The calculation tabs contain the “raw” model output. If you wish to do further data analysis in Excel or another programme, copy the data directly from these tabs as desired. For instance, if you want to compute the difference in temperature attributable to a specific emission perturbation, you’ll need to run the baseline, save the output, then run again with the perturbation, save the output, and finally difference the two outputs. However, the “reporting” tab contains a variety of key model outputs and charts that users may find sufficient. Some notes on the options provided are below:

Output options
• agent to chart: choose any of the agents selected to display their emissions / cumulative emissions / concentrations / ERF in the charts.
• baseline start & baseline end: choose the start / end period for the surface temperature response chart.
• chart year start & chart year end: choose the start / end times for the timeseries displayed on the charts. Sometimes Excel makes weird choices over axes limits, so on changing these you may need to manually set the chart axes ranges.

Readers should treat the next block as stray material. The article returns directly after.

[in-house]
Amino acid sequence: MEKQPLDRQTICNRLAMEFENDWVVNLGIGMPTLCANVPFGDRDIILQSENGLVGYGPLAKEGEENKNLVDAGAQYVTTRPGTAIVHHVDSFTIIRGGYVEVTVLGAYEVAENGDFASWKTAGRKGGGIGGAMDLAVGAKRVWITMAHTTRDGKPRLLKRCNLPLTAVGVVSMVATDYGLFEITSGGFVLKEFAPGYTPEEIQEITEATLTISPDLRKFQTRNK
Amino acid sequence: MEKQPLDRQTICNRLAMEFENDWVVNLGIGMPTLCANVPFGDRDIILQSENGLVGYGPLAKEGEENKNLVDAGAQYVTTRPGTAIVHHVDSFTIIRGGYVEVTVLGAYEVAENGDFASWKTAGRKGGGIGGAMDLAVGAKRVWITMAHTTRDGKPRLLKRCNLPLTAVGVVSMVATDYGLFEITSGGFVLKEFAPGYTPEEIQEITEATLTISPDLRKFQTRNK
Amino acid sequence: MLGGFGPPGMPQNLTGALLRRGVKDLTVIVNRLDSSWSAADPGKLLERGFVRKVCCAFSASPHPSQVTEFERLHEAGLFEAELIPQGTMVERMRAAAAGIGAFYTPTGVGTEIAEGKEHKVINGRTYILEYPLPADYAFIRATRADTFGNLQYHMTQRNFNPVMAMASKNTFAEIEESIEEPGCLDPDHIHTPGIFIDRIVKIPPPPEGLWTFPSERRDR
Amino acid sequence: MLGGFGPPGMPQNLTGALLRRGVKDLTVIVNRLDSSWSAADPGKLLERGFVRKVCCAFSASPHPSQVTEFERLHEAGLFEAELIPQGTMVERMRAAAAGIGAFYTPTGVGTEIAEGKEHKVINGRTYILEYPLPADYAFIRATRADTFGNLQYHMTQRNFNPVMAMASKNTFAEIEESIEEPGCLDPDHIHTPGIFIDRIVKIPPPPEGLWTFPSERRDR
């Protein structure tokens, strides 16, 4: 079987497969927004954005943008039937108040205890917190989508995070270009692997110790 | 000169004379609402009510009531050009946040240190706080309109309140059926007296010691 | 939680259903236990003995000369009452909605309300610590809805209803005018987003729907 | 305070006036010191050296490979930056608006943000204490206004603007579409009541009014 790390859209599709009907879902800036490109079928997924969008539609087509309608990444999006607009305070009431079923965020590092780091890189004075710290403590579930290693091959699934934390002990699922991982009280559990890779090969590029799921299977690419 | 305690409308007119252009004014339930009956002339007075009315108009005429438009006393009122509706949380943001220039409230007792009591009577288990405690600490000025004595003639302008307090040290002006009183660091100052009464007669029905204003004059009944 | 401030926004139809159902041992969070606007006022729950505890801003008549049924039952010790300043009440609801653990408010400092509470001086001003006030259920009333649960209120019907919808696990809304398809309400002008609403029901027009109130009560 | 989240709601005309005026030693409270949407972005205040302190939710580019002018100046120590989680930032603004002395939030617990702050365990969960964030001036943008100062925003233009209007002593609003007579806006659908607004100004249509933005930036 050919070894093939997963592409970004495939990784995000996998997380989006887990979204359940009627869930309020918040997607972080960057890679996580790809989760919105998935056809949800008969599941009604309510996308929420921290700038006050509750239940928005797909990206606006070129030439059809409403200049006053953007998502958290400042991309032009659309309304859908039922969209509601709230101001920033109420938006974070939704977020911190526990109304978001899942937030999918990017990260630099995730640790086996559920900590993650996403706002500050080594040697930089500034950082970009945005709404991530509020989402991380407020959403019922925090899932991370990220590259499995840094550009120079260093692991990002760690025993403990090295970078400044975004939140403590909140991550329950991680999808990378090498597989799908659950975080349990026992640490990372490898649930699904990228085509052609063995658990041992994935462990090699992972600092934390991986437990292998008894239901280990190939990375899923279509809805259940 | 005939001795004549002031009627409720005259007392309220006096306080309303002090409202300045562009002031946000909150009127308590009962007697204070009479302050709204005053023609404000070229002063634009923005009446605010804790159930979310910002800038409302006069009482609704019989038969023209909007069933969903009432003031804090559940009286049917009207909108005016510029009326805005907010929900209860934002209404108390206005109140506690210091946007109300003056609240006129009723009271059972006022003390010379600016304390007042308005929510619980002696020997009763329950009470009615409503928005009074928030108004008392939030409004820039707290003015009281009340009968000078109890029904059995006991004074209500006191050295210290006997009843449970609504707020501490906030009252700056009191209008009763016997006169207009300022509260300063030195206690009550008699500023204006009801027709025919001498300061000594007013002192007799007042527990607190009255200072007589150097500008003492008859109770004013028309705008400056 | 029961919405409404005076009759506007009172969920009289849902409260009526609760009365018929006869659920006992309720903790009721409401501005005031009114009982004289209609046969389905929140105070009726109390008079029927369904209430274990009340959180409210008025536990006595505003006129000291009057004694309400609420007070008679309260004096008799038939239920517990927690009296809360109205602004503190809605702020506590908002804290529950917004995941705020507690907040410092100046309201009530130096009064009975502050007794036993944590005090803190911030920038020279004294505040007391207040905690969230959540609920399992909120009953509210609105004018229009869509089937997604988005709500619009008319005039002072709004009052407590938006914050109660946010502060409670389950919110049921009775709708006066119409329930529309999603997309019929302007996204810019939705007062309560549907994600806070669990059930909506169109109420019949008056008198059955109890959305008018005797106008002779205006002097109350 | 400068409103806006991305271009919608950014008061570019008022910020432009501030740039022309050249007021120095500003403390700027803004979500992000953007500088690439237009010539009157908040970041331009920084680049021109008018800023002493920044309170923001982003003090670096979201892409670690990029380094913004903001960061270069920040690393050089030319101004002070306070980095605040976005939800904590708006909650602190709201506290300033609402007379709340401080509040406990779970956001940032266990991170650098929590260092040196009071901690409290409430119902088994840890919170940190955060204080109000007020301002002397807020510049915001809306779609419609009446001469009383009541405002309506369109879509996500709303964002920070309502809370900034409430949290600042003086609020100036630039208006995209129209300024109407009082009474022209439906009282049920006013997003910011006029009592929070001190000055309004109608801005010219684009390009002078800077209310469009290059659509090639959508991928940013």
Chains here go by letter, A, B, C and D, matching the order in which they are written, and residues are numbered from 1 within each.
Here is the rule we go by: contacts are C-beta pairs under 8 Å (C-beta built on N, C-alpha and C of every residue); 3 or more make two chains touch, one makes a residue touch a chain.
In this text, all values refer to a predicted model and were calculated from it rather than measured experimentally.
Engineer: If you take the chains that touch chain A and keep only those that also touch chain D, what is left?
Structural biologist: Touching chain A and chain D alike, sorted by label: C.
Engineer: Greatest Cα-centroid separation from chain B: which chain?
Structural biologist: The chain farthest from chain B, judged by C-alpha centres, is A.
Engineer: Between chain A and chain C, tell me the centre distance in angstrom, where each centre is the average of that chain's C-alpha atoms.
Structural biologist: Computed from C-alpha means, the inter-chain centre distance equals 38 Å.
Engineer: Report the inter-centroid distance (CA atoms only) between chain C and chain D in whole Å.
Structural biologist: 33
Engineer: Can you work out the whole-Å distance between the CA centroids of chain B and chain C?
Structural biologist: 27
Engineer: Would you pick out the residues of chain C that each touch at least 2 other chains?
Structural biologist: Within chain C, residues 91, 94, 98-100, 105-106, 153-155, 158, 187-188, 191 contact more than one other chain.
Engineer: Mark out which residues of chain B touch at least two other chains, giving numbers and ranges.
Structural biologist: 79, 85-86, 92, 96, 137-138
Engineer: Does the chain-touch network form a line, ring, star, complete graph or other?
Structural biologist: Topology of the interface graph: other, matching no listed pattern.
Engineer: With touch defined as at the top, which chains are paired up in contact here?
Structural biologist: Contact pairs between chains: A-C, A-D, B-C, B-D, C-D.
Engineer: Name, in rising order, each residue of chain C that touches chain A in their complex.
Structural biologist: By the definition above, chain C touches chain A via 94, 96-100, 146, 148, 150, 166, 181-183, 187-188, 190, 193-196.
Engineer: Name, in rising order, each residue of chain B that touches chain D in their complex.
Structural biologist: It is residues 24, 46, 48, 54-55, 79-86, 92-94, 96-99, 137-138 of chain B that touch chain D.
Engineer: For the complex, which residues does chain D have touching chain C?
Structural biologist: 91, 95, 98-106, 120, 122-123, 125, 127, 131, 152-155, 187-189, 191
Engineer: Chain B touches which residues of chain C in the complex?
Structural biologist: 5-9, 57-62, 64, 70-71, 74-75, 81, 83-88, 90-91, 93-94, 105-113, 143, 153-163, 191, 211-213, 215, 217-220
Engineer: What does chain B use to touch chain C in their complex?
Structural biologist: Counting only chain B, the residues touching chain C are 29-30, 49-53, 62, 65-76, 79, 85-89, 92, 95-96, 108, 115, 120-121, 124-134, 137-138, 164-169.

• observational temperature dataset: choose one of several observational surface temperature datasets5,6,7,8,9.
• observational sea level rise dataset: choose one of two observational sea level rise datasets4,10.
Model diagnostics

Most of these are self-explanatory. A few definitions used:

• “end of century” : 2081-2100 mean
• warming rate over last two decades : difference between 2010-2019 and 2000-2009 mean modelled temperature

Some experiment “recipes”

Probably the best way to get familiar with the model is to actually use it yourself - so to end this post I’m just providing some “recipes” for how to carry out various different types of experiment.